Step 1: Learn

First things first: get a good understanding of what NFTs really are. If you haven’t already, we put together a beginner’s guide on NFTs for just that purpose. 

It’s important to understand how non-fungible tokens work, and how they carve out a potential value for digital stuff in a way that wasn’t possible before. It will take this story of NFTs from one that’s about multi-million dollar transactions to one that’s about the future of the Internet. It just might get your wheels turning on how you can use this technology in a way that hasn’t been explored yet. (reminder: most haven’t)

After that, the best way to learn about NFTs is to jump into the scene and make some online friends. It just so happens that the NFT community (which exists primarily on Twitter) is actually a group of extremely friendly people. So get involved, ask your questions, and there is likely someone out there happy to answer. 

Here are just a few of the people I am learning a lot from (extremely non-exhaustive list):

@thesarahshow — NFT artist + writer

@AxieKing — excellent teacher in all things NFT

@jessewldn —  Investor at Variant Fund

@FEhrsam — Cofounder of Paradigm and Coinbase

@whatdotcd — Creator of the Friends With Benefits community

@coin_artist — NFT artist 

@coopahtroopa — crypto strategy at Audius

@dg_goens + @js_horne — building Zora

@literature — building Mirror

@cheriehu42 — writing about NFTs and music at Water and Music

@matdryhurst — Co-host of the Interdependence podcast (which I highly recommend!)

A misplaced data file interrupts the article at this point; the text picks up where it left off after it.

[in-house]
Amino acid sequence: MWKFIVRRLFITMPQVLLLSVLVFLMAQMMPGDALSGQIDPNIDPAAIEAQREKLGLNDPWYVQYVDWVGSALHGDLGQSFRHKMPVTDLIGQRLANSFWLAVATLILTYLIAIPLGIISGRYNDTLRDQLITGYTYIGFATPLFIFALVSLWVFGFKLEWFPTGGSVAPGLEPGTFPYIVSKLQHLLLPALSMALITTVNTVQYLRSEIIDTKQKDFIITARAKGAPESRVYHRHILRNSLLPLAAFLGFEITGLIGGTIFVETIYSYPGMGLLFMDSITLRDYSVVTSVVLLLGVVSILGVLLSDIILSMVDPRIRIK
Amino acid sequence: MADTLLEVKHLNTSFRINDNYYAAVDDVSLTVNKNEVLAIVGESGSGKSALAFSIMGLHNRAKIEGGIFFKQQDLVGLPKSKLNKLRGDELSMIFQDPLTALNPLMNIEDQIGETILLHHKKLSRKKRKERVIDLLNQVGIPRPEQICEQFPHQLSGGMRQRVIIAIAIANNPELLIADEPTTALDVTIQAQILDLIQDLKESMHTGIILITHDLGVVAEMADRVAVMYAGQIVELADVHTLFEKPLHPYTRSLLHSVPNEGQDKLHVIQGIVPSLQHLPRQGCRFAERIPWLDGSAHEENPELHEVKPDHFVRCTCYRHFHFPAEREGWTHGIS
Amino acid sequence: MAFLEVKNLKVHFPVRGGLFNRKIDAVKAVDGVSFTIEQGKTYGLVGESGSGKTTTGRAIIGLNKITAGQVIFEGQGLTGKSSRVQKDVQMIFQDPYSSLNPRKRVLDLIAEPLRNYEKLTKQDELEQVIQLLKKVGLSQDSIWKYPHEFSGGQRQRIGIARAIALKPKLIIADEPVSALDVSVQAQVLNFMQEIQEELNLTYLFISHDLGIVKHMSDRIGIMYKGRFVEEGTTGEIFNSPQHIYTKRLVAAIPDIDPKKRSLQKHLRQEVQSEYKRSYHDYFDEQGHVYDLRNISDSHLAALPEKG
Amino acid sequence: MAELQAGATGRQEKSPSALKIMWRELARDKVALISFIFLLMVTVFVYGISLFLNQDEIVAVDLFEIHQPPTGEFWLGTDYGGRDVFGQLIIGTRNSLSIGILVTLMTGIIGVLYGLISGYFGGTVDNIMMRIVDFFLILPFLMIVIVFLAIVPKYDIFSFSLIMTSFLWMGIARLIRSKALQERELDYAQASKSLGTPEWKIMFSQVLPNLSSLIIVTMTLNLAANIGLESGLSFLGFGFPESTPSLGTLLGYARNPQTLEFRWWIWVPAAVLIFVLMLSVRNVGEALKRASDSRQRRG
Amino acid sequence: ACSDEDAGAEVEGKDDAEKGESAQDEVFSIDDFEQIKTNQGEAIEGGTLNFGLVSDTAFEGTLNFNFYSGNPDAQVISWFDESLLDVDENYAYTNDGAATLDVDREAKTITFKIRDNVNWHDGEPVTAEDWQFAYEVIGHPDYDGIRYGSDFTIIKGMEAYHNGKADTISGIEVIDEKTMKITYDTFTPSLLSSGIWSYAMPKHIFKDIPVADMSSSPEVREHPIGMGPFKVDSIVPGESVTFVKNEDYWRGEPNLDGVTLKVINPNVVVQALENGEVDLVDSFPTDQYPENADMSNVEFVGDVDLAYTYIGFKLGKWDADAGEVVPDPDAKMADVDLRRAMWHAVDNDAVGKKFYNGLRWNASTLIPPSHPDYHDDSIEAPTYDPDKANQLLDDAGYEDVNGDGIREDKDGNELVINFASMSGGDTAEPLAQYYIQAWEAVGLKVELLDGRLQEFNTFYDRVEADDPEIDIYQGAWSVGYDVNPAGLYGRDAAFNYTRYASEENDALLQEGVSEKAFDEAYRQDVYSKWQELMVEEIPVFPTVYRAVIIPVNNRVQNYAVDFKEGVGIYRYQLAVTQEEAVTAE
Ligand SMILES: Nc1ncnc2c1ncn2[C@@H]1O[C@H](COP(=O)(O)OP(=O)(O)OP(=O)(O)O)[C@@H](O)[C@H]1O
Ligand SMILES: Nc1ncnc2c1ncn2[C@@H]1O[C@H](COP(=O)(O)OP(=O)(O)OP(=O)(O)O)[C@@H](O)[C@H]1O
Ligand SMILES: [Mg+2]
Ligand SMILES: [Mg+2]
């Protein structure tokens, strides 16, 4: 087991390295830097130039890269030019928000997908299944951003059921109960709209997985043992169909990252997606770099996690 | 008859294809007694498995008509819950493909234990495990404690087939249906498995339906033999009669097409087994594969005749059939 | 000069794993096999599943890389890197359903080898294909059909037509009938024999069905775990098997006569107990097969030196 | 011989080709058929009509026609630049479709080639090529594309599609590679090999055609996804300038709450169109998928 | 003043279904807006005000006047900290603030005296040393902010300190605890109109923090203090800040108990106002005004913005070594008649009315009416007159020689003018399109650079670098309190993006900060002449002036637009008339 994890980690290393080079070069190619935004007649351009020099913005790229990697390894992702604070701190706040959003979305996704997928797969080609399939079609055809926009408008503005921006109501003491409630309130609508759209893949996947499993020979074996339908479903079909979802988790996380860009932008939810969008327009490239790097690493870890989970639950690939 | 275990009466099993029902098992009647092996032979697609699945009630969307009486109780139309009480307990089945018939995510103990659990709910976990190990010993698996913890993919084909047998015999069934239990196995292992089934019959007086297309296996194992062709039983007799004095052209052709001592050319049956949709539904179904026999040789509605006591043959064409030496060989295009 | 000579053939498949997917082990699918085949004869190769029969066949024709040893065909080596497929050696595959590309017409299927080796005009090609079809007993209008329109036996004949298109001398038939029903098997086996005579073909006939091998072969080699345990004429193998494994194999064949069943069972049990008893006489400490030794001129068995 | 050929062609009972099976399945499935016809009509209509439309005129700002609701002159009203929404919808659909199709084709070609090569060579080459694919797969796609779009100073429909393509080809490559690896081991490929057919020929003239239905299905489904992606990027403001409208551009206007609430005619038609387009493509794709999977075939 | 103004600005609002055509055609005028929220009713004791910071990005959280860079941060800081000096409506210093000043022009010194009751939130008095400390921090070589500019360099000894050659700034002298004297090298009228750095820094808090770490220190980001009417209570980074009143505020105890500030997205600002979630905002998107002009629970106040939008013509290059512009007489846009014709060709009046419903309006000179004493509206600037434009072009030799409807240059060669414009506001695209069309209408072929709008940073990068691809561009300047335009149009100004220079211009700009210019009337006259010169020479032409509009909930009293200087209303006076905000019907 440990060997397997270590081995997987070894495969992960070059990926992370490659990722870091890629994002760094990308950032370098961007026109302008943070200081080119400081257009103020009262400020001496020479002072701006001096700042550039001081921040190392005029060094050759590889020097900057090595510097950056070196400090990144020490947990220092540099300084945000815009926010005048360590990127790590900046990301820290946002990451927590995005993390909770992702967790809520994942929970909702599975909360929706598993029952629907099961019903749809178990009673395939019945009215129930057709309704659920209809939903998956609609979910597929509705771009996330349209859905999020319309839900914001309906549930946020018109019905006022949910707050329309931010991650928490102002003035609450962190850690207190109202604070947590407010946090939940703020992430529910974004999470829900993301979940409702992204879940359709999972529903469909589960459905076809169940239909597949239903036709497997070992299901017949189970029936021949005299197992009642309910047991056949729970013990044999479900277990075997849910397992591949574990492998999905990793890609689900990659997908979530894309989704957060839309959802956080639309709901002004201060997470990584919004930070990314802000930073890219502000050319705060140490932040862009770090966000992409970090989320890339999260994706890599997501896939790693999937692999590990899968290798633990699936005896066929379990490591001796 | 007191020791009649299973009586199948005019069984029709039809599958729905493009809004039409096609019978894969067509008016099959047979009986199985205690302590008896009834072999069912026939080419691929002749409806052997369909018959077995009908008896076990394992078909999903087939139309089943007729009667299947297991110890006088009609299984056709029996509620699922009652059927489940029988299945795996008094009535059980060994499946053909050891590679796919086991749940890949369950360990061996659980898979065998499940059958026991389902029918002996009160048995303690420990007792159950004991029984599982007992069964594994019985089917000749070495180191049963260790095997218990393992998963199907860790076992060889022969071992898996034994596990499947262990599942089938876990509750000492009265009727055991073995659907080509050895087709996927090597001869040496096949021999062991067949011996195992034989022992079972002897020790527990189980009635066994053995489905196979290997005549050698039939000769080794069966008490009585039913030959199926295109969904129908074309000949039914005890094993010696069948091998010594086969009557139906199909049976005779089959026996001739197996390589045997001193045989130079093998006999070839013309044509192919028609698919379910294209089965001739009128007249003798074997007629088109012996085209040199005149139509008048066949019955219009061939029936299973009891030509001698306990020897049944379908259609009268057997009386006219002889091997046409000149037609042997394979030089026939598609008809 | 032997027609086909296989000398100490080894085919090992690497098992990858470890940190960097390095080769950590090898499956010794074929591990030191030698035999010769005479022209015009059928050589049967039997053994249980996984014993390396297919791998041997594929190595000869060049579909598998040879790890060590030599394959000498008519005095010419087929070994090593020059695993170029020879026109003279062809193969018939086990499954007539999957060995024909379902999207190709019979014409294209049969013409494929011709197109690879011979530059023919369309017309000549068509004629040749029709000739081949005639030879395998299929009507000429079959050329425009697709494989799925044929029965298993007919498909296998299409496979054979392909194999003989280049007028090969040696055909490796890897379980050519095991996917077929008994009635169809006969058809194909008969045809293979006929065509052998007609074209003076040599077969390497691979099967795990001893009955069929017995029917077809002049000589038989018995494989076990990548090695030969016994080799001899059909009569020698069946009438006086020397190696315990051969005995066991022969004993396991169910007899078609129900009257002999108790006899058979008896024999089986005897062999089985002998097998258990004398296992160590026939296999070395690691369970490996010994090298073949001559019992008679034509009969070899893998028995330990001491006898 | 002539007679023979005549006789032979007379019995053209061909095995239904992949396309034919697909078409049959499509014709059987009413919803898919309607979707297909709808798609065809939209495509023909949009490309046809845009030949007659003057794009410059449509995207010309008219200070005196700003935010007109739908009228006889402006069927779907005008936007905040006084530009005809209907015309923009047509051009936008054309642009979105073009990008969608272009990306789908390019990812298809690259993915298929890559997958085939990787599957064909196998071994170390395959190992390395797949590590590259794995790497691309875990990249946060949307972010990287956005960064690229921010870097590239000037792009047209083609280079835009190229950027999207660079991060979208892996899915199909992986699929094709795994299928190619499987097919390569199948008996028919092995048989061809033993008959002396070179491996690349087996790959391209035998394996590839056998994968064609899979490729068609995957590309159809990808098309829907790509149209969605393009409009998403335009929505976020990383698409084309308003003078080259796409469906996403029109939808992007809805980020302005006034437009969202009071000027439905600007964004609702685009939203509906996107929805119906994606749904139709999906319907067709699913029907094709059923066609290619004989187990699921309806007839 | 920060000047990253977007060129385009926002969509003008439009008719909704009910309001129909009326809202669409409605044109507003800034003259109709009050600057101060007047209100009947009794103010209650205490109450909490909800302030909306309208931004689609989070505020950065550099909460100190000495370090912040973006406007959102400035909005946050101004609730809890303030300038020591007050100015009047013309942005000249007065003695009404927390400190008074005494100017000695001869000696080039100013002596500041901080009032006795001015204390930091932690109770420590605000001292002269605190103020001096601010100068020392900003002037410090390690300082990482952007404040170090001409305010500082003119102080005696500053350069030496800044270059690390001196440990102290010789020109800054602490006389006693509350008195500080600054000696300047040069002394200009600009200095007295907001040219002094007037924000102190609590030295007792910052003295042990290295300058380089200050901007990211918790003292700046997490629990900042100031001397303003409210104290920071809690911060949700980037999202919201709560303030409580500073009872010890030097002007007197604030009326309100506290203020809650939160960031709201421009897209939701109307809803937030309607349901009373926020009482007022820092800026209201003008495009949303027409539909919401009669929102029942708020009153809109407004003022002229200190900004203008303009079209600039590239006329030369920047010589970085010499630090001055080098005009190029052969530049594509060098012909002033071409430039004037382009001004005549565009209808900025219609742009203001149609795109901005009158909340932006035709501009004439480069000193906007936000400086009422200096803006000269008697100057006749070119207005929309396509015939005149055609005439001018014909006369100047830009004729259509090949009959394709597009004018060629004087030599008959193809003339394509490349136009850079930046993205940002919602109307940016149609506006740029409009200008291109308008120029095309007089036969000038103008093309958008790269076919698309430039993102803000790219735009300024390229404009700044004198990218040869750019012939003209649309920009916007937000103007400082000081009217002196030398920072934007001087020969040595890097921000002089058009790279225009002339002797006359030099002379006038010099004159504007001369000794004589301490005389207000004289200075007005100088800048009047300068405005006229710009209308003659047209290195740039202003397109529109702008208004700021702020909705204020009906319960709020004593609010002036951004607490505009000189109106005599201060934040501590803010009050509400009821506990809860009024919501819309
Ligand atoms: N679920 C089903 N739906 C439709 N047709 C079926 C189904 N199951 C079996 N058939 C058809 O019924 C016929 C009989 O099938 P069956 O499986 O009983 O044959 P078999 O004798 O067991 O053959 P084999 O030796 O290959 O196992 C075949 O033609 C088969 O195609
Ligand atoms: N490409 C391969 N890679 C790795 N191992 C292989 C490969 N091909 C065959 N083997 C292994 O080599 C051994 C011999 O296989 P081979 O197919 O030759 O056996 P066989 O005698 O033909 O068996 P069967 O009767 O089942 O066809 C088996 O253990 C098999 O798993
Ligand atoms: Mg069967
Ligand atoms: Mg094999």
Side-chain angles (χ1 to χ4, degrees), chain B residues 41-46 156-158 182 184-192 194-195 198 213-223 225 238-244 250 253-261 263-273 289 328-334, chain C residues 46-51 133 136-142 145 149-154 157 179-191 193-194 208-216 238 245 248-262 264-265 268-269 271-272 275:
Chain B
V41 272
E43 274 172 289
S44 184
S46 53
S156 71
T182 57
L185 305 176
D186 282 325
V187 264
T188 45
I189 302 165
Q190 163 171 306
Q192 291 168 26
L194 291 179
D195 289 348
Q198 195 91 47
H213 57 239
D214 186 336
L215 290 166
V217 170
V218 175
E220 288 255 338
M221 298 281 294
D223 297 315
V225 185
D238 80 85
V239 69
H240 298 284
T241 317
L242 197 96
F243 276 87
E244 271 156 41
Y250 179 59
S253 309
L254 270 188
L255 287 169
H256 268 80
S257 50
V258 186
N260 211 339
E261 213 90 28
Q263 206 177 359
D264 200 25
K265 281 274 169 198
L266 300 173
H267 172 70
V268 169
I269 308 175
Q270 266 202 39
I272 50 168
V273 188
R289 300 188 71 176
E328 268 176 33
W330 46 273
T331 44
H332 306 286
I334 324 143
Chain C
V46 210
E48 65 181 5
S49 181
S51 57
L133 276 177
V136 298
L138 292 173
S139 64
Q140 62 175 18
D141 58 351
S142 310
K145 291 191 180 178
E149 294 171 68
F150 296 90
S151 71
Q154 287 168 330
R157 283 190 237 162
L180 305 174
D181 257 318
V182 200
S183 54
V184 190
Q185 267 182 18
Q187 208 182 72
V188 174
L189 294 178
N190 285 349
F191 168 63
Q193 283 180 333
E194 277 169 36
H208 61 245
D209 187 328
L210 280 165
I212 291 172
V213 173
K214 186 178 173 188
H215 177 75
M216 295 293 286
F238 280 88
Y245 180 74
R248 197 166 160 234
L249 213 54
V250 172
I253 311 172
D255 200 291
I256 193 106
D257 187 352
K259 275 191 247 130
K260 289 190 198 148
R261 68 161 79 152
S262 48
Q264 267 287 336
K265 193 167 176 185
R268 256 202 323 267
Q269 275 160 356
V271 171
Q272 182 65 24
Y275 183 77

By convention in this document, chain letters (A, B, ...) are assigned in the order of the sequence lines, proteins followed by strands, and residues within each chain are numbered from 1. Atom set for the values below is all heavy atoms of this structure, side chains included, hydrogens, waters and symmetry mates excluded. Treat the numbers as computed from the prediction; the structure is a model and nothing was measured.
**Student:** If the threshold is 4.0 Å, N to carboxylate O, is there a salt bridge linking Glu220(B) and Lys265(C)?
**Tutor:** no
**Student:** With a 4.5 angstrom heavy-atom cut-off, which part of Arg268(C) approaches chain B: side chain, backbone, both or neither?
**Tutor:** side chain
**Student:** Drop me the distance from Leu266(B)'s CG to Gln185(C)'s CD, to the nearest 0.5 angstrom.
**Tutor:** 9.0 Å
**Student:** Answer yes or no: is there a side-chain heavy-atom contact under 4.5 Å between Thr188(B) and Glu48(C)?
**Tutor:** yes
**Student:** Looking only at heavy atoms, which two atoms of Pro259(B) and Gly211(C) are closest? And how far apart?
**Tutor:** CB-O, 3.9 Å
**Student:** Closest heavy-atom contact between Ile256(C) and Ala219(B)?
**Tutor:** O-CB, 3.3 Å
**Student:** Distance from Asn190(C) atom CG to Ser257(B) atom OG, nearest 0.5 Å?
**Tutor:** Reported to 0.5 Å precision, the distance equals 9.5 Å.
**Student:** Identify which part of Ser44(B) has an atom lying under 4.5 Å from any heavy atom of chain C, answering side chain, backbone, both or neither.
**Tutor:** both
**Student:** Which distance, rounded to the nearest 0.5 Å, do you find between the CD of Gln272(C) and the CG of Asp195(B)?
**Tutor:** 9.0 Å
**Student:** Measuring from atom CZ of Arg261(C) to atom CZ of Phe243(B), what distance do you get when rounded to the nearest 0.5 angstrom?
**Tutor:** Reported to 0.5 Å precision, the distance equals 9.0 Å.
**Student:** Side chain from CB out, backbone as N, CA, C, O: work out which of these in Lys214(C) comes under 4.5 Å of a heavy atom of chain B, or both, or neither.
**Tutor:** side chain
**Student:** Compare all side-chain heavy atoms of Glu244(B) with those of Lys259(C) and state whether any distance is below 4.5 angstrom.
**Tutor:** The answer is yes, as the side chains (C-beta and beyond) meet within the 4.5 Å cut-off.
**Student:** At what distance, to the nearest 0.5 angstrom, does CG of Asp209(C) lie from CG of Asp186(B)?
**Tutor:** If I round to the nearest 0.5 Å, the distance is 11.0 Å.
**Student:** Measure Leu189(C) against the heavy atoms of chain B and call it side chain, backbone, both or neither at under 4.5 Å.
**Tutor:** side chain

Step 2: Taste

It’s one thing to learn about this stuff. It’s a whole other thing to actually experience it.

I can tell you everything there is to know about strawberries. The only way you’re really going to know what a strawberry tastes like is to put one in your mouth.

At the end of the day, you’re going to have to taste this stuff for yourself. 

One way to do that is to buy an NFT. 

This isn’t the only way to take your first steps, but in my experience, it is the game-changer. To feel what it is like to purchase and own an NFT will be one of the best ways to learn. One of the things it will teach you, for instance, is that it feels really good to own something you actually truly like. Suddenly all that talk of money and millions gets drowned out by the simple pleasure of feeling provenance over this thing you think is cool. 

The very first NFT I purchased was The Lava Popsicle by Roger Kilimanjaro. It cost me 0.6 ETH, which was a good chunk of the amount I had. But I just thought it was so dope, and I jumped on it.
The Lava Popsicle by Roger Killimanjaro

I learnt that buying an NFT feels like forging an intimate bond with the artist. I love watching Roger do his thing, and every new work he puts out gets me super pumped. His success feels like my own. I also learnt that, as an edition of 5, it felt as though this tiny family of 5 owners of The Lava Popsicle was formed.


Step 3: Experiment

Once you taste what it’s like to step foot in the world of NFTs, there’s a good chance that ideas will start wafting through your head about what kind of NFT projects you might want to launch. 

Something to remember here: the goal isn’t to make millions or thousands or hundreds of dollars off a sale. It is to build something for the long term. The true power that NFTs give you is to carve out value around the content and community you create. 

The same principles relevant to building a connection with people through your art before NFTs are also relevant now. The only difference is that instead of only receiving Instagram likes and YouTube subscribers, you are now able to find actual buyers for your work and give them something of value in exchange. So build your narrative around NFTs with the same care and intention you’d put into any of your other work.